HC Deb 25 January 1972 vol 829 cc1196-8
Q5. Mr. Kaufman

asked the Prime Minister whether he will reduce the number of Ministers in the Department of Trade and Industry.

The Prime Minister

No, Sir.

Mr. Kaufman

Since the Prime Minister does not intend to dismiss the Under-Secretary of State for Trade and Industry, may we take it that he endorses the specific undertaking given by—[HON. MEMBERS: "Reading."]—I am not reading at all. May we take it that the right hon. Gentleman endorses the specific undertaking given by the Under-Secretary, the hon. Member for Harrow, Central (Mr. Anthony Grant), at the Dispatch Box on 7th December that unemployment under this Government would not rise to 1,158,000?

The Prime Minister

If the hon. Gentleman cares to let me have the context of the matter to which he referred, I will comment on it in due course.

Mr. Onslow

Is my right hon. Friend aware that the whole country has cause to be grateful to him for the action taken to end the over-representation of Manchester?

The Prime Minister

Manchester is a city of such importance that it should always he represented fully. But we cannot ensure that it is represented properly.

Mr. Orme

The Prime Minister has just referred to Manchester. Is he aware that there are many hon. Members on this side of the House who are deeply concerned about the doubling of unemployment during the last 12 months in the travel-to-work area, about the recent redundancies announced at Hawker-Siddeley and about the threatened closure of the Churchill machine tool factory, a firm of great repute in the North-West? What do the Prime Minister and his Government intend to do to preserve the skills that have been created in this industrial area and to give full employment to the people who need it?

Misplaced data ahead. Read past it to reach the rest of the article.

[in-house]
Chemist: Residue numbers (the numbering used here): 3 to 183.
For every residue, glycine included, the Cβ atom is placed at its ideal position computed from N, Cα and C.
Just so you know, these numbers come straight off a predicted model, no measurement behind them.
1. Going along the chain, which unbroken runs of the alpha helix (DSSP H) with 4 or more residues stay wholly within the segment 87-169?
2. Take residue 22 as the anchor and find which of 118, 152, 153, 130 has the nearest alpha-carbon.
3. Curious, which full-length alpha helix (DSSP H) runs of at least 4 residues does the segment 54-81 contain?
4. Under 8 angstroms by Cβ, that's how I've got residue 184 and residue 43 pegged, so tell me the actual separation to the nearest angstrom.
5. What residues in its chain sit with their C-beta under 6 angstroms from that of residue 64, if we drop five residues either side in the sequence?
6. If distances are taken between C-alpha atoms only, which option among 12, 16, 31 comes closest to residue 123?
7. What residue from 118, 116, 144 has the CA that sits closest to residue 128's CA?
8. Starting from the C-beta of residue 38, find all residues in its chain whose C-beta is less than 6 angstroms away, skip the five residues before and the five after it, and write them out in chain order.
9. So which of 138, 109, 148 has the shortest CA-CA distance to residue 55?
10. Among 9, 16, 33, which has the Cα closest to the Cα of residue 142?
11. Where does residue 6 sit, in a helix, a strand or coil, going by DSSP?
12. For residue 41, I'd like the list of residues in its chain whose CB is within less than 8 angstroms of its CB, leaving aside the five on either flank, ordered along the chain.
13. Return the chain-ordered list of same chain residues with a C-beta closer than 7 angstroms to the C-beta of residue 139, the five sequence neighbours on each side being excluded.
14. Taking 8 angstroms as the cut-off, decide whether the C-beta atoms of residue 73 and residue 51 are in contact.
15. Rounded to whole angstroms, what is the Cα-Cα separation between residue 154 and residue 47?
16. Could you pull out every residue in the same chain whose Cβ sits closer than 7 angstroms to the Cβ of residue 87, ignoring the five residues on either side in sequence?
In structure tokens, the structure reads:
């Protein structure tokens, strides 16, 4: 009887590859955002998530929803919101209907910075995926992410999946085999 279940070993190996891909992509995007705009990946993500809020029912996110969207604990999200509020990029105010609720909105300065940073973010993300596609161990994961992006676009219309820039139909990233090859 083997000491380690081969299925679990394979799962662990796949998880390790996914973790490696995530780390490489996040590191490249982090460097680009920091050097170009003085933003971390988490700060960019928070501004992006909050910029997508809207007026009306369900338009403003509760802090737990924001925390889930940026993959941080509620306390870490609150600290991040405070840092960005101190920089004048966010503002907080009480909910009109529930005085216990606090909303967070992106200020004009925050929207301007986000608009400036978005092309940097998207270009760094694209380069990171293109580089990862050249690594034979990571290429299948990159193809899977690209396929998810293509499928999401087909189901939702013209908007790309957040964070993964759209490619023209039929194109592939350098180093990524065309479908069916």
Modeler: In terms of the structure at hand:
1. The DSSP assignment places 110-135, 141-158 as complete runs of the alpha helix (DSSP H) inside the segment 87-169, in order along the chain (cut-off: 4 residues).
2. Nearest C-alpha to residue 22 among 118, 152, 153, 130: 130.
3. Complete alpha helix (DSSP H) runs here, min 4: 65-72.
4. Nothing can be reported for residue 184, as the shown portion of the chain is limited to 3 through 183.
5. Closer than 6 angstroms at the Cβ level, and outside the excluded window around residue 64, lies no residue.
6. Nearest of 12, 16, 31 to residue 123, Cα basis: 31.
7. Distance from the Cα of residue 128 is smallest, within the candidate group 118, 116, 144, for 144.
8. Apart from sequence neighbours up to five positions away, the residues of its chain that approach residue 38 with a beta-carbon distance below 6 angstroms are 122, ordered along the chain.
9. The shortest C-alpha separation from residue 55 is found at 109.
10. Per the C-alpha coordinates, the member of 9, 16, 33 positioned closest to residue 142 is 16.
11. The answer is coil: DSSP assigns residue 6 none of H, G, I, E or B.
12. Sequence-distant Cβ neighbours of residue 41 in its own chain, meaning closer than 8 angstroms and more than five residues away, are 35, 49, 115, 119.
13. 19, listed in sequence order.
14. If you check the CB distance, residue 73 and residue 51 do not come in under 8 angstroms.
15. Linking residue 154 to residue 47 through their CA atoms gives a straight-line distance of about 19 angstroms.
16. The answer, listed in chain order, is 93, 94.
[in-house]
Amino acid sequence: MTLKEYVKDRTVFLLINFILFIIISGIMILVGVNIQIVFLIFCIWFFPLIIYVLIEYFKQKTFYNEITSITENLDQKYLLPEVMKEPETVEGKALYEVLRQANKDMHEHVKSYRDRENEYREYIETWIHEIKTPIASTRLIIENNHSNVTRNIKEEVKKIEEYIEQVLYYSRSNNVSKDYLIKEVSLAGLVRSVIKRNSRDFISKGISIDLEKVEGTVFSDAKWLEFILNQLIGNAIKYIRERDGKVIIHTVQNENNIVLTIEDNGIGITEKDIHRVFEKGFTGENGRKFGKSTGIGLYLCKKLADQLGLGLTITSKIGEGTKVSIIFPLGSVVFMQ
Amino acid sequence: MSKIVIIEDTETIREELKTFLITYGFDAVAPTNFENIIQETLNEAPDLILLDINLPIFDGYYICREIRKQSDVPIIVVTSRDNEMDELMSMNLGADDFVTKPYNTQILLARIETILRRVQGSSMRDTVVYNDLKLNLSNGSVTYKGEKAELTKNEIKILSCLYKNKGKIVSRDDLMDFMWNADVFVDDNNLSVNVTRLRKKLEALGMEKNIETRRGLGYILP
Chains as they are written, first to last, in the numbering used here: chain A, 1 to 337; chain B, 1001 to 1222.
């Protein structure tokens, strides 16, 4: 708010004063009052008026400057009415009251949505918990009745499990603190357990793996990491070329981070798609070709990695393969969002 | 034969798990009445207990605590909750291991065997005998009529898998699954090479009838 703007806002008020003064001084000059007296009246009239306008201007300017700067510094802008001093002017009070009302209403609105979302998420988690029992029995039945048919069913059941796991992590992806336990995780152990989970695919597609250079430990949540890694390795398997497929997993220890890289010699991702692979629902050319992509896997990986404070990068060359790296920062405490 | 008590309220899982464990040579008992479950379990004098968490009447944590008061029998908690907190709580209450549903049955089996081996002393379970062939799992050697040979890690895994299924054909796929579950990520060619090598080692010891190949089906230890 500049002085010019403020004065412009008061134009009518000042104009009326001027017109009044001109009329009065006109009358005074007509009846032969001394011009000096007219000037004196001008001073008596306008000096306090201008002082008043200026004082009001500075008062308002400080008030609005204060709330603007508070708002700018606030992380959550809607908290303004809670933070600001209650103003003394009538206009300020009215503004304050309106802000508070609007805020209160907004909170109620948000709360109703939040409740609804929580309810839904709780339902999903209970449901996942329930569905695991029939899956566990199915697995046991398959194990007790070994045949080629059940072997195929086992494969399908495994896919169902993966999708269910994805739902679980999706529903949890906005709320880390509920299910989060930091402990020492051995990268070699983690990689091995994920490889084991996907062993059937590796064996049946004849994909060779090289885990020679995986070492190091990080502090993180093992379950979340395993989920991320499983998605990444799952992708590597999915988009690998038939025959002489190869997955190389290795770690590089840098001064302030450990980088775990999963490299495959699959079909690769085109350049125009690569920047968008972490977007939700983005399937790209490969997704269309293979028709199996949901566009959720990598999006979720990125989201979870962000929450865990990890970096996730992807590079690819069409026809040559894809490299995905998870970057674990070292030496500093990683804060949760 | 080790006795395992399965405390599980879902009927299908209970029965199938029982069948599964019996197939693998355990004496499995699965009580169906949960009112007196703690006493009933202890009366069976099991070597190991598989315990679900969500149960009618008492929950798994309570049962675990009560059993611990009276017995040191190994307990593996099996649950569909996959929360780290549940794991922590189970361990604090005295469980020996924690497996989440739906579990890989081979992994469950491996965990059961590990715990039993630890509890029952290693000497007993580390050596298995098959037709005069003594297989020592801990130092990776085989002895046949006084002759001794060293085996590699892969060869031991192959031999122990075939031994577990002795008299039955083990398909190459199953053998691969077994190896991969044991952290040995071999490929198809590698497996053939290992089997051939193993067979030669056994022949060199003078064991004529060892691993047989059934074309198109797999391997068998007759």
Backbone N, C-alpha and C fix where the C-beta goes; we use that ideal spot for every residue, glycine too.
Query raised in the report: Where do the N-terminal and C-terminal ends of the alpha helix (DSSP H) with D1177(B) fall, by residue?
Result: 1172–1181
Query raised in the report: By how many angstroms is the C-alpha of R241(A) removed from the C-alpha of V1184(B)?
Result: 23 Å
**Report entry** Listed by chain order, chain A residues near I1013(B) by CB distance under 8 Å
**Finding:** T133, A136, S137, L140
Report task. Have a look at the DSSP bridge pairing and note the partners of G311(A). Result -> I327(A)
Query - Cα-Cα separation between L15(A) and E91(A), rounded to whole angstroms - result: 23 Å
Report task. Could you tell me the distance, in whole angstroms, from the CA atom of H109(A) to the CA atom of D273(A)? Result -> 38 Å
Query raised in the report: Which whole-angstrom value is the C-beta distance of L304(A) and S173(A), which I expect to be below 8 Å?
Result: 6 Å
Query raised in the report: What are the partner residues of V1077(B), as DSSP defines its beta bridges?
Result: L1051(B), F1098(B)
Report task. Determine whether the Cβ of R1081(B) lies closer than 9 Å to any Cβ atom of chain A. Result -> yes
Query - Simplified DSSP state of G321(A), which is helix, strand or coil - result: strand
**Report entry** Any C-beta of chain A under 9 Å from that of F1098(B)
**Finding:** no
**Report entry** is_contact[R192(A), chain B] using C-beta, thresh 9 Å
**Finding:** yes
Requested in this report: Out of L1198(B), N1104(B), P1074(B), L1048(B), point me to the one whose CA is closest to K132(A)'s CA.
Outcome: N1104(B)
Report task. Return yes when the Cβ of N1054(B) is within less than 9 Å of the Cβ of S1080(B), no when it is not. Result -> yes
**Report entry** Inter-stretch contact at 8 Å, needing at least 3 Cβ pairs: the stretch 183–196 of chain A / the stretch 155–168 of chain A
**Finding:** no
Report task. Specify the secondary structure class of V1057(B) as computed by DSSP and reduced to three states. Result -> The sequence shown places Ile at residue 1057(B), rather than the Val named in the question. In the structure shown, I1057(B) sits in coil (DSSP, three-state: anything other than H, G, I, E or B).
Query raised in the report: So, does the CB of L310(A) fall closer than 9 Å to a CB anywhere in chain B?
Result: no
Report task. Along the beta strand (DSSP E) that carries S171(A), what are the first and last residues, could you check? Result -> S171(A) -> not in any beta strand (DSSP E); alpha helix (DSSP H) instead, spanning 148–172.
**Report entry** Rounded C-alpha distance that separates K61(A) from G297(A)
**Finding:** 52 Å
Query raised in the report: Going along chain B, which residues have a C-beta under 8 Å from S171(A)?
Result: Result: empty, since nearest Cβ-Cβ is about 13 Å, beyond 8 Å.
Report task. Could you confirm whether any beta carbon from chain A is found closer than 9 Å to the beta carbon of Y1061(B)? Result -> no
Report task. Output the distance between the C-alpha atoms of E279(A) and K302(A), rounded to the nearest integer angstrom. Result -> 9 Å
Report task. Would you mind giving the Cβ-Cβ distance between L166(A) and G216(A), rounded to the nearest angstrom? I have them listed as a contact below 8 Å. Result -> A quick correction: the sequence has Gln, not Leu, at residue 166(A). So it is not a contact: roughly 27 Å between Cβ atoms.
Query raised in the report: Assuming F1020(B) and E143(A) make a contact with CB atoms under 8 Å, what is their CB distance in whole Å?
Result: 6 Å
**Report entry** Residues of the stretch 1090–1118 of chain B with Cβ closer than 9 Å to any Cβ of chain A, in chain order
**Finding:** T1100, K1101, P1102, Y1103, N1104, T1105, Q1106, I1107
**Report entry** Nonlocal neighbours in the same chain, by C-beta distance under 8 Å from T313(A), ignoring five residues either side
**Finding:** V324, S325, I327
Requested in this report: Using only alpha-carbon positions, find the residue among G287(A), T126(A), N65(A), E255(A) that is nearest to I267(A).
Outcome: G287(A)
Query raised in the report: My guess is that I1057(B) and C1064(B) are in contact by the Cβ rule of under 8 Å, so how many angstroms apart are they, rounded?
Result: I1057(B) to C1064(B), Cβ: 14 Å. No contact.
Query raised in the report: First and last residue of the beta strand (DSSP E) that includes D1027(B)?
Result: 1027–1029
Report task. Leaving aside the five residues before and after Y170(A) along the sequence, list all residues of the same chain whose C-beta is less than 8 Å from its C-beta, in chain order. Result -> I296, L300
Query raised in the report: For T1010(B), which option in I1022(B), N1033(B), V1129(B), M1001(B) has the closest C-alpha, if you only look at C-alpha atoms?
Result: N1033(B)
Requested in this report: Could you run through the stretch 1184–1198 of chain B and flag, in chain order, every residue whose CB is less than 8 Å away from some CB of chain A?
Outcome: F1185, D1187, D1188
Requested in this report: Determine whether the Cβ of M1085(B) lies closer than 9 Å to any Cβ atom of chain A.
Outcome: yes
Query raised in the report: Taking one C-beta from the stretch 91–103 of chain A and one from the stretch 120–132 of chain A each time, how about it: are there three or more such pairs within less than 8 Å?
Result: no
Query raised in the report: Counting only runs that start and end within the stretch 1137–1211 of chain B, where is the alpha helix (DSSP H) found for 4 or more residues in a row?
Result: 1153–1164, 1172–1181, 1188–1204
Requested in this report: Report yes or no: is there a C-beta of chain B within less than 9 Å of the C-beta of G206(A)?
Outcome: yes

The Prime Minister

I should have thought that the hon. Gentleman would recognise that this was one of the specific problems with which I dealt yesterday in my speech. I pointed out to some of his hon. Friends, who expect every development in industry to go either to Scotland or to the North-East, that there are now equal problems in Manchester and the North-West.

Mr. Gardner

Is my right hon. Friend aware that in that part of the North-West forming the constituency of South Fylde he is looked upon as a Prime Minister who can be relied upon to deal with the legacy of ills, including unemployment, which has troubled our part of the world?

Mr. Arthur Davidson

Is the Prime Minister aware that, up the road in North-East Lancashire, he is not so warmly regarded, and that one of his Government's most remarkable achievements has been to produce a staggeringly high rate of unemployment in an area where previously unemployment was well below the national average? Should not the Prime Minister admit that his capricious abandonment of investment grants was a ghastly mistake for which the people of Lancashire are paying?

The Prime Minister

I cannot accept that thesis.

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